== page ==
or

You look at Lord Garven. He is built. Like Cleopatra's Needle. But you shake your head no and walk through the door. You must find your partner's killer.

By the time you're publishable, the moment is long gone.

What I'm saying is find the right voice for each work, and your own voice will emerge.

Monday, September 11, 2017

Finishing a Novel

QUESTION:  I keep starting novels but can't seem to finish them because I can't figure out how.  Help!

Writing isn't just inspiration. A novel involves a great deal of planning, thought, and preparation. Those who just write instead of doing some form of plan or outline are more likely to be unable to finish a novel, or their novel falls apart. 

Learn how to make that plan, if not an outline. 

To do this, read books on writing. Most are one-size fits almost nobody, but you may eventually stumble on the one idea or method that gives you an "ah ha!" moment. 

Mine was Ben Bova's WRITING SCIENCE FICTION THAT SELLS which helped me understand the relationship between plot and character. It's a good book even if you don't write science fiction. (It's been republished under a number of names.) 

Find a good teacher. The Internet has some wonderful online teaching sites.

Ask questions at blogs like this one.

And when you find novels you really like, reread them and try to figure out what the writer did and how the novel was structured.  

Take the book apart by writing a short description of what happens in each chapter so you can better see the structure.  

Don't give up if  you really want to tell the story.  Eventually, you will figure out how to finish it if you work at it. 

Monday, September 4, 2017

Finding Your Character's Weakness

According to Greek myth, Achilles' goddess mother dipped him into the River Styx to make him invulnerable to injury, but the heel she held him by wasn't dipped.  As fate and story would have it, he died when someone shot him in that heel.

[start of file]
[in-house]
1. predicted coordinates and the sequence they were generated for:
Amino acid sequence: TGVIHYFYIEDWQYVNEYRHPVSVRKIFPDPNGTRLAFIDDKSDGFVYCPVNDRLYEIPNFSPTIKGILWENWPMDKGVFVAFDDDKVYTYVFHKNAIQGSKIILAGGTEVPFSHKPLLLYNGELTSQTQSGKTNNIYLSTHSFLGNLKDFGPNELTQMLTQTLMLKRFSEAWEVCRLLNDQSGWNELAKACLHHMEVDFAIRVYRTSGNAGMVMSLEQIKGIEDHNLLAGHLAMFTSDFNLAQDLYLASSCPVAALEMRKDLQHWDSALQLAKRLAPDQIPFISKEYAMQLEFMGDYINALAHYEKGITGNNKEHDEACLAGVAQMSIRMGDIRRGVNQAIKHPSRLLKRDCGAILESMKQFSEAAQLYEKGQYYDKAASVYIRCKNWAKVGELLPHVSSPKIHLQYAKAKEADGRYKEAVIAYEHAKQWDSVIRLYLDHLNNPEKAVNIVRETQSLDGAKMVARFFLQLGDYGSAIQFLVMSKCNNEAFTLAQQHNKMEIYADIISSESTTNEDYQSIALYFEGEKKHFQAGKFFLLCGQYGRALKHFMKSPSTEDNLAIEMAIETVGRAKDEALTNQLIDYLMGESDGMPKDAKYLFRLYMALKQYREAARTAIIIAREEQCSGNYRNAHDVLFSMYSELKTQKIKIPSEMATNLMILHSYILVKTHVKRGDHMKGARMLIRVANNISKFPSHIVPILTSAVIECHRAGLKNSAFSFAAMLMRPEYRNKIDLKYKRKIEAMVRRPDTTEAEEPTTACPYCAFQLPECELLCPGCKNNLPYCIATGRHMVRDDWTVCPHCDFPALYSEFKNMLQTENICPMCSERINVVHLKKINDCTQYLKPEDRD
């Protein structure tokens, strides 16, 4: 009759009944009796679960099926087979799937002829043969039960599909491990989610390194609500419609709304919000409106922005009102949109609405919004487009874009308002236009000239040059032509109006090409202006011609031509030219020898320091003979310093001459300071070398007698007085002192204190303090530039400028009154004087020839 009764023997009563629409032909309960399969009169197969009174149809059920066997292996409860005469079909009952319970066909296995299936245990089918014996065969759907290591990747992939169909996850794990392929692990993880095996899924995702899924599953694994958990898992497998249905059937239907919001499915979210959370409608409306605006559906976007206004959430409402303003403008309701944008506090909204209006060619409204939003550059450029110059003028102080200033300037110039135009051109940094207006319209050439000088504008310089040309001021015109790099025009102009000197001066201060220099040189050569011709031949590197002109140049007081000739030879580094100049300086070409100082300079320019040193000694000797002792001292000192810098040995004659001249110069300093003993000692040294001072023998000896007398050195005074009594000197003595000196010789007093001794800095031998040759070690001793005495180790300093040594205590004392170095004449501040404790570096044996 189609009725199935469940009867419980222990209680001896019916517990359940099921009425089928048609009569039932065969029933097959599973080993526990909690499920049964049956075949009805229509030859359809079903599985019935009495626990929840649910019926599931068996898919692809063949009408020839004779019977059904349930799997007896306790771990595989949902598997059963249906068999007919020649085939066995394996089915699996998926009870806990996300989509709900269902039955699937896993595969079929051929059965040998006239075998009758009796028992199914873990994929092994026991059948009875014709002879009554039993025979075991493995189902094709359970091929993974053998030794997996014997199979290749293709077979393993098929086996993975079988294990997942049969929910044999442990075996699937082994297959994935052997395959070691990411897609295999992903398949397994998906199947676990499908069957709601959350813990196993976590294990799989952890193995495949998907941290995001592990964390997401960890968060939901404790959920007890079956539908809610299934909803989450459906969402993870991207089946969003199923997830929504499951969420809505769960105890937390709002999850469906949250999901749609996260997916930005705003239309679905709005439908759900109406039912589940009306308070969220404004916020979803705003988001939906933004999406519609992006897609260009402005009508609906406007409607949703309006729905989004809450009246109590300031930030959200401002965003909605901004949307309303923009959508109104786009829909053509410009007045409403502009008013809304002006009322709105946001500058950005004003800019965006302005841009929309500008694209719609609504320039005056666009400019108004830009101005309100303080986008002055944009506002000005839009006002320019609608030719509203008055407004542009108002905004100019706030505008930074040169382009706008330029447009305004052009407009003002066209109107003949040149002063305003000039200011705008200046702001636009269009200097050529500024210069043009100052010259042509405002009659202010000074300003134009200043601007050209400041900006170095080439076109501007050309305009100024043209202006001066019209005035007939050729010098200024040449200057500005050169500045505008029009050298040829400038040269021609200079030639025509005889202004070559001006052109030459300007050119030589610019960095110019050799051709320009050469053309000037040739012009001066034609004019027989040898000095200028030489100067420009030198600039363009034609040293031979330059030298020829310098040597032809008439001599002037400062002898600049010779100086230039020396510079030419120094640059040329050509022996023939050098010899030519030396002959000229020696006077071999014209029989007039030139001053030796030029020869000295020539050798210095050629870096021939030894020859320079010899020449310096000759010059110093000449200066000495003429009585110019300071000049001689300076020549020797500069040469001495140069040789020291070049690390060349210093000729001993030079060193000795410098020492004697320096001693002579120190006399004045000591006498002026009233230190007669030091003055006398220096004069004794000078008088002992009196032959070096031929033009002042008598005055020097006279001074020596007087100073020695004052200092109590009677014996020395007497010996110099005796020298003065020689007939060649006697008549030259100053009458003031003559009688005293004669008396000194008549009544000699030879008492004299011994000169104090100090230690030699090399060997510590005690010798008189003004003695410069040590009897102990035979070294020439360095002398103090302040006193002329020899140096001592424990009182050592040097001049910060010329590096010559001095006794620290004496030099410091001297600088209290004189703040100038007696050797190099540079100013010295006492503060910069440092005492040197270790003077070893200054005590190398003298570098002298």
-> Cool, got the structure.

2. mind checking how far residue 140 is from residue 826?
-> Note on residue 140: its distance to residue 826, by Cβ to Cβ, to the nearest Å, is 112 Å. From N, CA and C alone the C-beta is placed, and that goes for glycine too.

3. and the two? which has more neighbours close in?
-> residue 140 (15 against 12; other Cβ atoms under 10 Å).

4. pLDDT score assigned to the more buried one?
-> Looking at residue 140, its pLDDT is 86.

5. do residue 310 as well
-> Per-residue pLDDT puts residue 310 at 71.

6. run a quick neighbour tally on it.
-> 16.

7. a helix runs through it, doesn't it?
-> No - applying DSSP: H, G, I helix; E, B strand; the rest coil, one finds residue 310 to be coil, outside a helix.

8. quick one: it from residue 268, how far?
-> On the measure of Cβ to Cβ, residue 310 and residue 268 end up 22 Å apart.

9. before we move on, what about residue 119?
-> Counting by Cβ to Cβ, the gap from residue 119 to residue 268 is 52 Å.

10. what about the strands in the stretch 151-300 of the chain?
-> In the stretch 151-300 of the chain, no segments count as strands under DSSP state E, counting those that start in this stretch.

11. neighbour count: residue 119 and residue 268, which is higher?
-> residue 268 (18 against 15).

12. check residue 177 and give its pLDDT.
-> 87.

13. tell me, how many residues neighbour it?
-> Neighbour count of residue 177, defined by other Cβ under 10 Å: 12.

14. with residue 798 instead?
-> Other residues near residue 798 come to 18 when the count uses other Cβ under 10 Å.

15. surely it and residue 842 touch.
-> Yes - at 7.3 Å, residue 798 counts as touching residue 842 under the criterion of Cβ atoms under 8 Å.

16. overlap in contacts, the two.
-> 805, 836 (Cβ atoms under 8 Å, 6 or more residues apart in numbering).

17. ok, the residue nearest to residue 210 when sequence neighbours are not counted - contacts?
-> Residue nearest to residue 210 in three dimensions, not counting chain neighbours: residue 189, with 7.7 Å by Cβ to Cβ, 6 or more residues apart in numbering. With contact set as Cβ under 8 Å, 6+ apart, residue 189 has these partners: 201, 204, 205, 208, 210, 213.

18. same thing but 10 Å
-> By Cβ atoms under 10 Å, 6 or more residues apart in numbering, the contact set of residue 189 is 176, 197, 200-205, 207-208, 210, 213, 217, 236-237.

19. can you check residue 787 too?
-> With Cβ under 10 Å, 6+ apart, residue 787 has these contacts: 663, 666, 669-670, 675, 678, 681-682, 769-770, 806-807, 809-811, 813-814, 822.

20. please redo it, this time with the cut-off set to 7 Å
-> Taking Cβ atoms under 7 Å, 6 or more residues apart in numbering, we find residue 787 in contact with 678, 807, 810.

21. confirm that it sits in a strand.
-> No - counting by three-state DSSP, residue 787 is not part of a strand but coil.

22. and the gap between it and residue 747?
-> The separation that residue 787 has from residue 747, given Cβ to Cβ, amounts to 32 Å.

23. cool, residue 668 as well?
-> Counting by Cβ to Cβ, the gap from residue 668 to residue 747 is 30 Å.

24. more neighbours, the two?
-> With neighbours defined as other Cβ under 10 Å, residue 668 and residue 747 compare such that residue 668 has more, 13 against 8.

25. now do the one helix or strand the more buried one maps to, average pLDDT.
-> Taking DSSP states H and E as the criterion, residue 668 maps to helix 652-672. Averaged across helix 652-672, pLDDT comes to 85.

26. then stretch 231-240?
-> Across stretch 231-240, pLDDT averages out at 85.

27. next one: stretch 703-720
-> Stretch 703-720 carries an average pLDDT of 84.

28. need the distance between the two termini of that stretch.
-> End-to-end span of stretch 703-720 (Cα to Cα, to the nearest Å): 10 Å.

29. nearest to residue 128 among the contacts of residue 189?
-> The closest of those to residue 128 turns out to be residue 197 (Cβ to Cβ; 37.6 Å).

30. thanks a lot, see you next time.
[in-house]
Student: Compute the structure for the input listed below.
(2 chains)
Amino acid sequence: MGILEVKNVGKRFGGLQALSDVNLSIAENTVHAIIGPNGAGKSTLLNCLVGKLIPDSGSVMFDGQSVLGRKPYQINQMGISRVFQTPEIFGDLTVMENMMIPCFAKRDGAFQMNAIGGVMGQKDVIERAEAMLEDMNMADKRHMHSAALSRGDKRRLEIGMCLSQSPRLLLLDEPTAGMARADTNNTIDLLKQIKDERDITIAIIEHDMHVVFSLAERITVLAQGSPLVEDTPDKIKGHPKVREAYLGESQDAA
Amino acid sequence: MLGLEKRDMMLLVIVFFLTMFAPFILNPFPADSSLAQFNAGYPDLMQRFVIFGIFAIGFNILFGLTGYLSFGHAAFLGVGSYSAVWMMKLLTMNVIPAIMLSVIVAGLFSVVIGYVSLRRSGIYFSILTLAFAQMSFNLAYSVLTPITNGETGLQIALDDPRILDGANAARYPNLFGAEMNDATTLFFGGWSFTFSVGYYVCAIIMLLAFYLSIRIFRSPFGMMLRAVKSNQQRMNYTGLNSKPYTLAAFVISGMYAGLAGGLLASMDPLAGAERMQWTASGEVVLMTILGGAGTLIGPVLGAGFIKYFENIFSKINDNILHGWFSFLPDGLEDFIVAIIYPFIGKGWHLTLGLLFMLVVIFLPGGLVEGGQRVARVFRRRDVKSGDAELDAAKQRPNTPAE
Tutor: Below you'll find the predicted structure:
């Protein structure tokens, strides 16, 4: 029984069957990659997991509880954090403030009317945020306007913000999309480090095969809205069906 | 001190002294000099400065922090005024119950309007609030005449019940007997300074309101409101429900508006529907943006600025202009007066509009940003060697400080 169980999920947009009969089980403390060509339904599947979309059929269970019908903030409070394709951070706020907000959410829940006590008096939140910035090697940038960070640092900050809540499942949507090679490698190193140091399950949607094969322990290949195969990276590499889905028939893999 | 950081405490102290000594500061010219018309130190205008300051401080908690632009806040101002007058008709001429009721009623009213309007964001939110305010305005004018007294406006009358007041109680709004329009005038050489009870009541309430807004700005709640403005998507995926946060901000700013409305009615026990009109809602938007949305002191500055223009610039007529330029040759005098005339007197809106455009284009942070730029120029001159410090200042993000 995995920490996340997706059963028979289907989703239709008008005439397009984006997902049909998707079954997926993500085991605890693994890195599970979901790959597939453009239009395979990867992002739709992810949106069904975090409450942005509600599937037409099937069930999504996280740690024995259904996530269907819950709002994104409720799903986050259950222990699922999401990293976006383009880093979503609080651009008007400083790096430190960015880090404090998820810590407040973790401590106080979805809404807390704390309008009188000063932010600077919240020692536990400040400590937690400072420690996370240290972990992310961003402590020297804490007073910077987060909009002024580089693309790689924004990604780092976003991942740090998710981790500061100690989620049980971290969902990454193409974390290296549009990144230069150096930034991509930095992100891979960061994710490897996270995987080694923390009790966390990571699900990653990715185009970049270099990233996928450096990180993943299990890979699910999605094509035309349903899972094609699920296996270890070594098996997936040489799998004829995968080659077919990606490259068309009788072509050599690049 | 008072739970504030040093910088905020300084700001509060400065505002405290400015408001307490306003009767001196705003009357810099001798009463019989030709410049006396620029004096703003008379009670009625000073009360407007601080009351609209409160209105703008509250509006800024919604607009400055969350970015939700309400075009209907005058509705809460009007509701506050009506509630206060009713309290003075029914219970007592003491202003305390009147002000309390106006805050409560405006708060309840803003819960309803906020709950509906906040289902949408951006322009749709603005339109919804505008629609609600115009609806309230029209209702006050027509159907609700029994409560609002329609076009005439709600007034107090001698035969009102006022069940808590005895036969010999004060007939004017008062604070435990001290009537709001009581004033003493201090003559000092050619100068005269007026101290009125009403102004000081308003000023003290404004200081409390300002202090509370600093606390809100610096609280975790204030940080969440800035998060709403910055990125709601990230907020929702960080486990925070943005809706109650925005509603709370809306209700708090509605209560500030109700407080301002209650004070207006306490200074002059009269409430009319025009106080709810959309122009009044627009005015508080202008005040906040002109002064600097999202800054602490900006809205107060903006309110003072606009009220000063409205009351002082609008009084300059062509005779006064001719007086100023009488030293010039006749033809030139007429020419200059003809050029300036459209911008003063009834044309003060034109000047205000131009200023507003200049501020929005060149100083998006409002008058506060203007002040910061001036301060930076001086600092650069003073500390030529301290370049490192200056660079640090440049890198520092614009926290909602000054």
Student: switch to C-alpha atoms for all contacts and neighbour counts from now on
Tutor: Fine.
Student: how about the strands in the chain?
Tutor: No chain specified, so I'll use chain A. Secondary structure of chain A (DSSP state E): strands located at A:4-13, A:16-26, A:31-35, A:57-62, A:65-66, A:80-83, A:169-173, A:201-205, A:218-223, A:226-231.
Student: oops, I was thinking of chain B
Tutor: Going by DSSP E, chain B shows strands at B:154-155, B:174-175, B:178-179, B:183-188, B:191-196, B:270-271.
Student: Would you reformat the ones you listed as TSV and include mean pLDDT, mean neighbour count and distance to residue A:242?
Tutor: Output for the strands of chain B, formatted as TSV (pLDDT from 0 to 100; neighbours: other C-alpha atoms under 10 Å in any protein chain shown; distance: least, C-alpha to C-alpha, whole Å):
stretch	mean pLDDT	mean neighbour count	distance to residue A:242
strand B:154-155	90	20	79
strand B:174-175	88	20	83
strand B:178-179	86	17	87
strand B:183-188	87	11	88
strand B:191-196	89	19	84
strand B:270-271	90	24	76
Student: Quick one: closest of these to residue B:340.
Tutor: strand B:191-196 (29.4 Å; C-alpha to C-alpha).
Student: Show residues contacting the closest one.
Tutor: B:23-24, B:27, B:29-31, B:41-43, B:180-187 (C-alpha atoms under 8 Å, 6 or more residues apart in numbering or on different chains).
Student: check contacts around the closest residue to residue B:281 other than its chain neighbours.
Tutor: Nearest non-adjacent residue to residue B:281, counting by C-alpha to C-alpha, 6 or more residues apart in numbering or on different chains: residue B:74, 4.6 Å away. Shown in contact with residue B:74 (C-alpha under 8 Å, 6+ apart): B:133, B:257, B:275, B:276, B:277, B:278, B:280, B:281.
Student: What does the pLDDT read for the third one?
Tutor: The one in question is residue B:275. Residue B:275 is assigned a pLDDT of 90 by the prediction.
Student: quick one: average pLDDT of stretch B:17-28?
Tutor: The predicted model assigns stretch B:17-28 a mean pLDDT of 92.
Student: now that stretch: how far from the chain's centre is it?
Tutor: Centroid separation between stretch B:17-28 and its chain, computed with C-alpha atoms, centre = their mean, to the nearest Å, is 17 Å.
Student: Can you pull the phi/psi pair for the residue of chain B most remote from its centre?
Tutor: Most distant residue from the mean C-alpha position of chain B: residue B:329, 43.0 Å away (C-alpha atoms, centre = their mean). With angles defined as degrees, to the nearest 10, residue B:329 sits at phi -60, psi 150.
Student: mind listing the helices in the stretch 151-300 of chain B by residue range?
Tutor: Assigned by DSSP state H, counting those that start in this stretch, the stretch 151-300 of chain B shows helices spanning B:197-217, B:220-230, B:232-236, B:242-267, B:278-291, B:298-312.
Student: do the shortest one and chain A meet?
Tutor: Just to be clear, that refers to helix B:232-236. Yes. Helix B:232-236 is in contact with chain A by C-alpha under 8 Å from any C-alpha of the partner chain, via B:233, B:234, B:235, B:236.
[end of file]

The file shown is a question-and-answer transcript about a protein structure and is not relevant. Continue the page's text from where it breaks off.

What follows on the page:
Most people and the most interesting fictional characters always have an Achilles heel, that one weakness which will defeat them unless they overcome it.

As a writer, you must figure out what your main character's weakness is and attack it through plot.

That weakness can be fear of some physical danger.  If like Indiana Jones, your character is afraid of snakes, then snakes he must face to achieve victory.  

A better weakness is an inner one.  If your character prides himself on his dignity and fears ridicule, he must find the strength, at his high school reunion, to race across the room in his bunny underwear to protect his girlfriend from the same bullies who just stripped him.  

If he fears death, he must find the strength to risk dying for something or someone who is more important than life.

Minor weaknesses and disasters can add conflict to a scene, but that one Achilles' heel of your character and his attempts to overcome it are the heart and soul of a good story.